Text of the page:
What are Bruno's most important experiences during the novel?
There are several significant scenes throughout the novel that are considered important experiences in Bruno's life which not only change his perspective but have both positive and negative results.
In Chapter 7, Bruno builds himself a tire swing which he accidently falls off of and scrapes his knee. Pavel, a Jewish prisoner and servant, witnesses Bruno's fall and is quick to come to his aid. While Pavel is bandaging Bruno's wound, he tells Bruno that he was a doctor. Bruno begins to ask Pavel questions about how long he's been at Out-With, but before Pavel can answer, Bruno's mother walks in. This experience is significant in Bruno's life because for the first time, he recognizes Pavel's generosity and views him as more than simply a servant. Bruno's friendly encounter with Pavel not only increases his perspective but allows Bruno to have empathy for Pavel and question why his father did not intercede when Leutinenant Kotler mercilessly beat Pavel.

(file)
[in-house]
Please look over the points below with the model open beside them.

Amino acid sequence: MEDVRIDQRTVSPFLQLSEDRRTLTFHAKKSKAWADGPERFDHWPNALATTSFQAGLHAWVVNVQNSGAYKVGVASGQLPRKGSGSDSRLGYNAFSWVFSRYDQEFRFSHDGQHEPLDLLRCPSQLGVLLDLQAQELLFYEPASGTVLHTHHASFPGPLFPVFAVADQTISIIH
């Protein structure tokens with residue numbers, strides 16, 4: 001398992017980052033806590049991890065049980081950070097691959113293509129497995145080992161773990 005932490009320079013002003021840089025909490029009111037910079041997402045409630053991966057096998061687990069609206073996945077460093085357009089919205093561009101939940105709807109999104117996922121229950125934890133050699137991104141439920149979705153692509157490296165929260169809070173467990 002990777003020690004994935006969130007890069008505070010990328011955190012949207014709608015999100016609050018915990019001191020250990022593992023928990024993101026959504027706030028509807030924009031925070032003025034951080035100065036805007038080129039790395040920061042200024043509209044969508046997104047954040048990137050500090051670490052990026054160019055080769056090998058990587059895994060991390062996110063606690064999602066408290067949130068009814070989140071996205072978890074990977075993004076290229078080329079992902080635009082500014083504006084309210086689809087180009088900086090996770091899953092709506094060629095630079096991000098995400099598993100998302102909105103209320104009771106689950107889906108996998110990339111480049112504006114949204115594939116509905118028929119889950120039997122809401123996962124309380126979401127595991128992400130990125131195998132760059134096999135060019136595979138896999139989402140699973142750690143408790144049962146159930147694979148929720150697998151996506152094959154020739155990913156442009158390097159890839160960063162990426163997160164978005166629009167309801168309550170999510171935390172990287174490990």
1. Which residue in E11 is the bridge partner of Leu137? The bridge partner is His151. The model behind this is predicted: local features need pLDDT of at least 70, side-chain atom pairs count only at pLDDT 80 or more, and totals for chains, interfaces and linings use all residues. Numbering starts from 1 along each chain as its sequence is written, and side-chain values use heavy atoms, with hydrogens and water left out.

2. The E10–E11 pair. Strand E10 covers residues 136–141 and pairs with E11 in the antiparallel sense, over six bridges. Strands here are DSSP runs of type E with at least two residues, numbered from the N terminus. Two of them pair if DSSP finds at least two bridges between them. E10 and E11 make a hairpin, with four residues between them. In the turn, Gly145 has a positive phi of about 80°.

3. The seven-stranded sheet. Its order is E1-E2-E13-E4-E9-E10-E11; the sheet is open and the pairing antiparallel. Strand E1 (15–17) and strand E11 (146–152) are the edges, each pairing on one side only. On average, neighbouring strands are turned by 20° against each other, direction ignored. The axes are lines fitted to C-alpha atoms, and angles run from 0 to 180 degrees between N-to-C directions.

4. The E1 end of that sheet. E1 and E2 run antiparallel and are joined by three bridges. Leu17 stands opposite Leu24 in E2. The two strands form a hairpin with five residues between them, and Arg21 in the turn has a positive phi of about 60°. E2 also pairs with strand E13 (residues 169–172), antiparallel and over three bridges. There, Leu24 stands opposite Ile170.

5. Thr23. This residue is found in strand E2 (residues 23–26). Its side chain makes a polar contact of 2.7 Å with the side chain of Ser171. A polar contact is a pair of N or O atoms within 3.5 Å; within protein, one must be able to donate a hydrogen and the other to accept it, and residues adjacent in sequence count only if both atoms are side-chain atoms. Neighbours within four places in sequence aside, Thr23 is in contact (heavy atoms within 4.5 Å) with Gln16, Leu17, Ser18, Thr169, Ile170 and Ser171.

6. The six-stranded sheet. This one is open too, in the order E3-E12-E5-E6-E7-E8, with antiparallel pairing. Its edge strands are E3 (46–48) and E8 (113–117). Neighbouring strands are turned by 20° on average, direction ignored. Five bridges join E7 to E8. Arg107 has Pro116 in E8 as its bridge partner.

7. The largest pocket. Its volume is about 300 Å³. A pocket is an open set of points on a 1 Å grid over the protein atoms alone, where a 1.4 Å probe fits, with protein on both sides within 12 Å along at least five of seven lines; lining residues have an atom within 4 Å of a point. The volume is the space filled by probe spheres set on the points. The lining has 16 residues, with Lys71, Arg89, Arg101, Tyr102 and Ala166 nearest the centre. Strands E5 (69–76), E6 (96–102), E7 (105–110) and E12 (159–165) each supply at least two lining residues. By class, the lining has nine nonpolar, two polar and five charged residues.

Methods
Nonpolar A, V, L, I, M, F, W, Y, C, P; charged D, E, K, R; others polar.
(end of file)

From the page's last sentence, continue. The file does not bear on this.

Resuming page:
Another important life experience takes place in Chapter 10 when Bruno meets Shmuel for the first time. Bruno's initial interaction with Shmuel develops into a blossoming friendship. Despite the fact that Shmuel is behind the huge fence at Auschwitz because he is a Jewish prisoner, both boys become close friends and visit with each other as often as they can. Bruno brings Shmuel food, and their conversations fill Bruno with purpose and happiness.
Bruno's decision to help Shmuel find his father is another significant experience throughout his life. In Chapter 19, Bruno changes into the prisoner uniform that Shmuel gives him and climbs underneath the fence. As the boys search for Shmuel's father, they find themselves herded into a group of prisoners heading towards the gas chamber. Tragically, both boys die in the gas chamber. Although fatal, Bruno's decision to risk extreme punishment to help his friend expresses his sincere love for Shmuel, which is significant to Boyne's overall message in the novel.